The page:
Collective Intelligence in Climate Mitigation

Collective Intelligence in Climate Mitigation

Mitigation-based collective intelligence projects in the Global South tend to address doing and data gaps, and span across different geographical scales. For example, several forestry initiatives are international programs where common, well-tested protocols for environmental observation are applied by local level initiatives. Alongside a contribution to coordinating actions, these initiatives help to fill data gaps by monitoring progress on a single issue in a standardized way. In contrast, waste management initiatives tend to respond to specific local needs, helping to better coordinate actions between diverse stakeholders in cities. These examples also capture data about the scale of the problem, particularly plastic pollution, or bring additional value by surfacing data about invisible or informal contributions to the waste management ecosystem. 

Examples of climate mitigation initiatives:

Below is summary overview of the three climate mitigation areas where most current collective intelligence practice is concentrated, alongside the key methods and climate action gaps that are addressed.

IPCC mitigation categories enabled by collective intelligence

Collective intelligence methods being used

Main climate action gaps being addressed

Ecosystems restoration, reforestation, afforestation / Reduced conversion of forests and other ecosystems

Crowdsourcing and remote sensing for forest protection

  • Data gaps on real-time threats and long-term trends of forest loss.
  • Distance gap through volunteer-led data analysis to fast track scientific research.

Microtasking and digital tools to scale collective action

  • Doing gaps around piecemeal,  local actions that fail to connect to global tree-planting targets.

Combining sensor data and microtasking for intelligent networked actions

  • Doing gaps around uncoordinated community activities for forest and other land-use restoration.
  • Diversity gap (Indigenous and traditional knowledge) to make more locally-appropriate decisions about interventions.

Waste minimisation, reduction and management

Crowdsourcing and combining datasets to monitor global waste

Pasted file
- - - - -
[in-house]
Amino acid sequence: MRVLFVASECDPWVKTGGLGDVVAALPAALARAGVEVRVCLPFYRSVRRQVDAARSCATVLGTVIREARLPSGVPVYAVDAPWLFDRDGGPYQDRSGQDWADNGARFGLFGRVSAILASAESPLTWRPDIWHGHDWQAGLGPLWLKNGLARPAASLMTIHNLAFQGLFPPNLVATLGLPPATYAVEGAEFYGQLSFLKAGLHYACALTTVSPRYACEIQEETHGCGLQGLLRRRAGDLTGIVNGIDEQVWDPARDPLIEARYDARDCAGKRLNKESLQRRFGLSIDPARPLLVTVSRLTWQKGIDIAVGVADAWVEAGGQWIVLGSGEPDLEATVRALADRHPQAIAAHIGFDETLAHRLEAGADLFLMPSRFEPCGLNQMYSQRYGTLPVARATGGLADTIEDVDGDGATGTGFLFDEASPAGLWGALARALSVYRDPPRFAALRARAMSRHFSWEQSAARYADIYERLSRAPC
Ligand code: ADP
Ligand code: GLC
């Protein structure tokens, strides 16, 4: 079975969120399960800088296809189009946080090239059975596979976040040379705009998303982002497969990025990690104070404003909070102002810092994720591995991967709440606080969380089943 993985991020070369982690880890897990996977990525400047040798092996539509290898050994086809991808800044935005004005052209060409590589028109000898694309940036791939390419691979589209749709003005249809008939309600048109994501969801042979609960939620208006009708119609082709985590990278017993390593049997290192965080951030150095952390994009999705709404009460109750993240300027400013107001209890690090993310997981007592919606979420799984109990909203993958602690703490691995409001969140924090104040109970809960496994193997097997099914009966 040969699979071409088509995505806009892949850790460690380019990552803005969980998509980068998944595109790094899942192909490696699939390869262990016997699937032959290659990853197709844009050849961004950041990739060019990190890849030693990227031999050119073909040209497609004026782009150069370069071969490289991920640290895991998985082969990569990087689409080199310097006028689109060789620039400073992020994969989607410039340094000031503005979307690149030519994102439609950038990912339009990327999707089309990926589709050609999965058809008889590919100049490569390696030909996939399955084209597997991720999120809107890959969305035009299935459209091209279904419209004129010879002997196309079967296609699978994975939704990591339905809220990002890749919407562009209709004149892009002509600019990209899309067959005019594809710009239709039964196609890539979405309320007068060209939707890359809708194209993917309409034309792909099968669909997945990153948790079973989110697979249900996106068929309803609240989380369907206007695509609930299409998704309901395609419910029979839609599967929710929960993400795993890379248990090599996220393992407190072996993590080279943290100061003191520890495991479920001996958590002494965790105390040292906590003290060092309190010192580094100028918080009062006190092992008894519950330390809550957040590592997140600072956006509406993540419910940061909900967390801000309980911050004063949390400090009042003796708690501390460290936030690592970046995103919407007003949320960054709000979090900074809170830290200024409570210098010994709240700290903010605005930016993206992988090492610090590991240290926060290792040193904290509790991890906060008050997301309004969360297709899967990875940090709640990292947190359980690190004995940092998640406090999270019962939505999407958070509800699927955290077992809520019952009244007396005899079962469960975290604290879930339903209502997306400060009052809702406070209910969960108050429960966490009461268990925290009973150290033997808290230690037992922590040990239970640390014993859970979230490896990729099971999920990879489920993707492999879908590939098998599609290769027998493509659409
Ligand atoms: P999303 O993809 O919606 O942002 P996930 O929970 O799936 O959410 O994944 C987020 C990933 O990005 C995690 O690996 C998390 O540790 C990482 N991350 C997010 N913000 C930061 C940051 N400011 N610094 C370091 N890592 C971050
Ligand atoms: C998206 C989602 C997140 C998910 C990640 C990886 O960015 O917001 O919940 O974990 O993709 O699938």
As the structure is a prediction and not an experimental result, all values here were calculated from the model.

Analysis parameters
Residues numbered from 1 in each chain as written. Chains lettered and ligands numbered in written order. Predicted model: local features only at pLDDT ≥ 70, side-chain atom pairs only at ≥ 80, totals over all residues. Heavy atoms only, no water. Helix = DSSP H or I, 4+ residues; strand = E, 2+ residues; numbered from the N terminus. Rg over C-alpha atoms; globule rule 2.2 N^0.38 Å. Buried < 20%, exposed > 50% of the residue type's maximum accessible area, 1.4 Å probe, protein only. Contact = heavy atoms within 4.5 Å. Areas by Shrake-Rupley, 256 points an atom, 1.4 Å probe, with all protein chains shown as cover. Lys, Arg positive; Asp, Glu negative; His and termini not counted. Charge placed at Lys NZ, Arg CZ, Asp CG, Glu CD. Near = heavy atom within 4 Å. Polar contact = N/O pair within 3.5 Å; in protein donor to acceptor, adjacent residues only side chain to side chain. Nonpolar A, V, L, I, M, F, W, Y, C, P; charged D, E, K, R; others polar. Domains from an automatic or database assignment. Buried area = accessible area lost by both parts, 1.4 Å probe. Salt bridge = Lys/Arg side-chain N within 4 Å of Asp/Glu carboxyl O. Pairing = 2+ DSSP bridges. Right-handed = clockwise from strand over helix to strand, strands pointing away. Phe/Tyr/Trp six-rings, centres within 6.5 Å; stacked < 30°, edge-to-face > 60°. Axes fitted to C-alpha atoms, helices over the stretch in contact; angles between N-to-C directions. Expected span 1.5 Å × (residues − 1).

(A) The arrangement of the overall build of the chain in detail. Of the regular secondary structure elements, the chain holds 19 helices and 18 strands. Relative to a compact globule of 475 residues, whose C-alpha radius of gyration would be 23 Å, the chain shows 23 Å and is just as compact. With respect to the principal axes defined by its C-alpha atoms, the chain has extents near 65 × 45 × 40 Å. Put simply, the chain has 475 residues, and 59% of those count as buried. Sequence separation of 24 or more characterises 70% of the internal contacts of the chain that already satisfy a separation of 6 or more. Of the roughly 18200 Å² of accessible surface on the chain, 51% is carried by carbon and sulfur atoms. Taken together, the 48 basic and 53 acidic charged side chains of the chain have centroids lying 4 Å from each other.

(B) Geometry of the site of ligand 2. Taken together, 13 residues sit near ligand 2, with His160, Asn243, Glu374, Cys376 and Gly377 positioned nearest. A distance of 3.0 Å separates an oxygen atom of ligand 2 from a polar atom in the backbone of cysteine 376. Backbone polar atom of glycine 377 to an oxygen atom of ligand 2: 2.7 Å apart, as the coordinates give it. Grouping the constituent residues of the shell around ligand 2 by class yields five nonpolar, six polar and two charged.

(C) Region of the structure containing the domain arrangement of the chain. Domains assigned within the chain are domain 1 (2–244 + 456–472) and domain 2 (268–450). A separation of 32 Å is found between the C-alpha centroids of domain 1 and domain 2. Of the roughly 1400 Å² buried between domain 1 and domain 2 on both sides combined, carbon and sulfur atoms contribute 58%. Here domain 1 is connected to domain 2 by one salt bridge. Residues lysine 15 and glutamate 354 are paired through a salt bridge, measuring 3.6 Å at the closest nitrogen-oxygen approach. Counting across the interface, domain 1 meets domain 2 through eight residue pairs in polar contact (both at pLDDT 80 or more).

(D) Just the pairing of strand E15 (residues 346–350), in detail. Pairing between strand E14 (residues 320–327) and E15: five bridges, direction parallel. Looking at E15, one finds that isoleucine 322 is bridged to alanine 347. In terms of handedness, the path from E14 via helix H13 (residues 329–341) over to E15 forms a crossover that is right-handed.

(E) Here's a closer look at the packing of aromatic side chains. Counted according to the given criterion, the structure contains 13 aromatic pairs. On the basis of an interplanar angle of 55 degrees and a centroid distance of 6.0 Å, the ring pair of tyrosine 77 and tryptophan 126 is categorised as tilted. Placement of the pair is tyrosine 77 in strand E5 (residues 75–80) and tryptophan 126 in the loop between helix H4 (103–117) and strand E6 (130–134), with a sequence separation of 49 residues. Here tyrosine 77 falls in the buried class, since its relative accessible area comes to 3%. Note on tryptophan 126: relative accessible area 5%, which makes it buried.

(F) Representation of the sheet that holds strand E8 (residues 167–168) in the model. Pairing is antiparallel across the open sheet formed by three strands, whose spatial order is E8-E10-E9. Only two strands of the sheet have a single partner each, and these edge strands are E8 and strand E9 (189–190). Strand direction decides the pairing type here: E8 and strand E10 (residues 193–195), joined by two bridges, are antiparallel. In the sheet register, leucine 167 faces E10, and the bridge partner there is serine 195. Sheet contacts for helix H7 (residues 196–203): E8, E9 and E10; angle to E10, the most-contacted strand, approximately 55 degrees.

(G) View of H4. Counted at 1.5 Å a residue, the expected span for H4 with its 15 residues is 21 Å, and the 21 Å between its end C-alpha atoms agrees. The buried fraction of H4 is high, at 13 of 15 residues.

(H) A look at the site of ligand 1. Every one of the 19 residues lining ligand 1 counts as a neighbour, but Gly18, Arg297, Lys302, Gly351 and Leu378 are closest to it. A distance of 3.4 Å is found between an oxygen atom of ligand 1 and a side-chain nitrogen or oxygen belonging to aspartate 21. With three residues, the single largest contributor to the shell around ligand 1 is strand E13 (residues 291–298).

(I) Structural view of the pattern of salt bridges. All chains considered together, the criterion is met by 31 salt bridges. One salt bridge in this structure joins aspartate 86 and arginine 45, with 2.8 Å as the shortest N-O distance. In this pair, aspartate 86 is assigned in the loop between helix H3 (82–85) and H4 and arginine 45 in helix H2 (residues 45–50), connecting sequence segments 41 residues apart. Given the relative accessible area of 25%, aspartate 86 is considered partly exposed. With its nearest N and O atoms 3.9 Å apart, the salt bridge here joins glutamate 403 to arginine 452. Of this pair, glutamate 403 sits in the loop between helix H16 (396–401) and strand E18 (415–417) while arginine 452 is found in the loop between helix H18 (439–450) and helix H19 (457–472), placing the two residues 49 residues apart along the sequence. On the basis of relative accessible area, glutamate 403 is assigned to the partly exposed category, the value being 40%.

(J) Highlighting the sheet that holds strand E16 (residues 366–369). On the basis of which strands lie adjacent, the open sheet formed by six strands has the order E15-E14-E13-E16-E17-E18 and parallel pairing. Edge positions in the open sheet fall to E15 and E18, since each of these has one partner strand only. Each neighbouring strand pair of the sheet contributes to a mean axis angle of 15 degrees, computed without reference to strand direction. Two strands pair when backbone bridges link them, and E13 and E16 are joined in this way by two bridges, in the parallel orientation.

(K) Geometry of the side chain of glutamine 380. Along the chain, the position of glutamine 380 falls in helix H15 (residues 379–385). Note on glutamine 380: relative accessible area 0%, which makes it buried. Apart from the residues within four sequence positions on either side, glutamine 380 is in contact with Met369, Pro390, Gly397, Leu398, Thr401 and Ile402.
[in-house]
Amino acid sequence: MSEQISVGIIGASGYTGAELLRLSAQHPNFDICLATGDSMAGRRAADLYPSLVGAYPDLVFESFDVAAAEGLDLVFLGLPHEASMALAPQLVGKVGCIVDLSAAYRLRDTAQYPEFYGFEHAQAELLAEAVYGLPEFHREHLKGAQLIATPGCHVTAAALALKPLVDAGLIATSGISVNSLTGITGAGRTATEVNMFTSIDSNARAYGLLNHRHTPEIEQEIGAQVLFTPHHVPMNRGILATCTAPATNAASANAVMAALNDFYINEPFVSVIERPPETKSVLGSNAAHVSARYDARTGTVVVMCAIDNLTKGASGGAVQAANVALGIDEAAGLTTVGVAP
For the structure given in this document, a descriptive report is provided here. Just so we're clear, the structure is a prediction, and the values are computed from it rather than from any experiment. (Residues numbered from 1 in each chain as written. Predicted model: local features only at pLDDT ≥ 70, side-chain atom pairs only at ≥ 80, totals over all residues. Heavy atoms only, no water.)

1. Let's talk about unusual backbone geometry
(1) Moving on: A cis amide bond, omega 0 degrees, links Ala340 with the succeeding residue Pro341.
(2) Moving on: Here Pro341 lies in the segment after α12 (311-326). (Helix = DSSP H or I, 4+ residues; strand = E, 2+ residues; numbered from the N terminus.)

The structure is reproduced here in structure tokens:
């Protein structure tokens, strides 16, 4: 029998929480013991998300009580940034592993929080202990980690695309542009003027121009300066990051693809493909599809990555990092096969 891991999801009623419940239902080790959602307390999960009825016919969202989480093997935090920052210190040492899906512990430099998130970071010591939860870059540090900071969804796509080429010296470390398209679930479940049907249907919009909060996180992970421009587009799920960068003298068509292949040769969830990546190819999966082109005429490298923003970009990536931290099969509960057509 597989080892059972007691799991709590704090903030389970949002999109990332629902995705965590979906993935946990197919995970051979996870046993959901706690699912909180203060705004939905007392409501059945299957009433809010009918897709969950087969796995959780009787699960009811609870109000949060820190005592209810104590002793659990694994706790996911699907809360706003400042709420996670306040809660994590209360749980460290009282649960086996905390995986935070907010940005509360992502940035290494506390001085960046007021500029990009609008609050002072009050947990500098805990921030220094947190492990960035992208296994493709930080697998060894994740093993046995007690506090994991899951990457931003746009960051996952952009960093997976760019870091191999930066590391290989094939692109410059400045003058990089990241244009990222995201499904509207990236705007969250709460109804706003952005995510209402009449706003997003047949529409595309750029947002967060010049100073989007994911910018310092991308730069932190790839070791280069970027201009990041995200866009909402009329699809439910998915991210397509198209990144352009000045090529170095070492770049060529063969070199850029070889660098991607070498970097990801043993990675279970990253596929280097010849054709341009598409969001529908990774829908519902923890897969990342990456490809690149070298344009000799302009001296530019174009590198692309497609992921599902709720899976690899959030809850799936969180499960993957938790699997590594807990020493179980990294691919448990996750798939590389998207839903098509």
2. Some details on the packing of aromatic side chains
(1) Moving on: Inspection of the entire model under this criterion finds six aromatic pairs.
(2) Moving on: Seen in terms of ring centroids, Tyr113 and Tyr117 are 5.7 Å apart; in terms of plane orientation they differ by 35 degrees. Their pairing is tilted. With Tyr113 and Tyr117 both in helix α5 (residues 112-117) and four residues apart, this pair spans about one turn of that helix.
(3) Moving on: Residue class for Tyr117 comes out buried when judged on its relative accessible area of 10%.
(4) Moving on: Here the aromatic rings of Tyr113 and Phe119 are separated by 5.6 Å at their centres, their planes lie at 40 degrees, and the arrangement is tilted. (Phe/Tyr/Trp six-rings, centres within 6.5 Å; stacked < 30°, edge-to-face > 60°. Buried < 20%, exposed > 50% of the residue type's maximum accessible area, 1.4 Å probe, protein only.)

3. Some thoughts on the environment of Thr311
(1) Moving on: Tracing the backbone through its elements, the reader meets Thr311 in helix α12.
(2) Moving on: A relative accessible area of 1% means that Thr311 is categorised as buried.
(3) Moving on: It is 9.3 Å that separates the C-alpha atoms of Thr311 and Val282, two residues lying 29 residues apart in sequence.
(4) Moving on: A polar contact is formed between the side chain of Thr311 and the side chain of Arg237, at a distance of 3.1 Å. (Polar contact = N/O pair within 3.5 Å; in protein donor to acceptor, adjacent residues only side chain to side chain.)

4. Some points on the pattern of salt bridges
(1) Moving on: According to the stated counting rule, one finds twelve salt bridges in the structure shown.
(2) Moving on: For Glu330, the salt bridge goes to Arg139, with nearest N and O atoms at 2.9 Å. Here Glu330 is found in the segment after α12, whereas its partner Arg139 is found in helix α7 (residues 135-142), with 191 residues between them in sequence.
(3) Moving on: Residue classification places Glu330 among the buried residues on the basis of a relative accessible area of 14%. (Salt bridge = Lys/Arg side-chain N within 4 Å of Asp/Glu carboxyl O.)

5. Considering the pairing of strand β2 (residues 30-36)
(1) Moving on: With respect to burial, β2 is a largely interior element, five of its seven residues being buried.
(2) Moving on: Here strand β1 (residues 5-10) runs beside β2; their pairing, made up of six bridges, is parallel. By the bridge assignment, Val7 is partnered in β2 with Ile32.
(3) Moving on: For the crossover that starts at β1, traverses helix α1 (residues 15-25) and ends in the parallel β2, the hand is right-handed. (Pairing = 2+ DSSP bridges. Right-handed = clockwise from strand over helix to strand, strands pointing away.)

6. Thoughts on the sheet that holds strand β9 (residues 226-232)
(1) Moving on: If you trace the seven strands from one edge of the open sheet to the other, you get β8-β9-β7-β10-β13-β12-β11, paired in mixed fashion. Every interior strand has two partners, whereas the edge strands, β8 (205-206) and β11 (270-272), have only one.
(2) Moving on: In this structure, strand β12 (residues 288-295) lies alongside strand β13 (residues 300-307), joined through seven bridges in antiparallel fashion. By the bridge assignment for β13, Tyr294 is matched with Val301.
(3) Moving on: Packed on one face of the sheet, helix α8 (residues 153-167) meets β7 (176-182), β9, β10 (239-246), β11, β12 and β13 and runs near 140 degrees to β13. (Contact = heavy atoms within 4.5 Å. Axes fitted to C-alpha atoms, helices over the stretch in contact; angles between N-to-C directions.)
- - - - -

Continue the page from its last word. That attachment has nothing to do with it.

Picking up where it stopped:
• Data gaps about the precise location, quantity, type and origins of plastic litter.
  • Doing gaps around lack of accountability and persistence of behaviors that cause waste build up.
  • Distance gap around lack of reliable open data about waste that can be compared between countries.

Remote sensing and citizen science to manage marine litter

  • Data gaps about the scale, types and origins of plastic litter on coastlines.
  • Data gaps about hotspots where marine litter is concentrated.
  • Doing gaps around accumulation of marine litter.
  • Distance gaps around the consequences of plastic waste.

Citizen generated data and coordinated actions to manage urban waste

  • Data gaps about the quantity of and categories of municipal waste at the street level, as well as hotspots of waste build-up.
  • Data gaps around contributions of informal waste pickers.
  • Doing gaps around how to prioritize limited waste services and waste mismanagement.


1 23 case studies out of 106 analyzed. 

2 Although activity in these areas has a direct impact on the reduction of carbon emissions, they also have clear complementarity to adaptation actions described in the previous section. For example, waste management practices are often coupled with localized disaster risk reduction activity while localized ecosystem restoration projects are often implemented alongside biodiversity management adaptation. 

3 We have grouped Ecosystems restoration, reforestation, afforestation and Reduced conversion of forests and other ecosystems together, as forest-based initiatives often make contributions to both of these IPCC categories.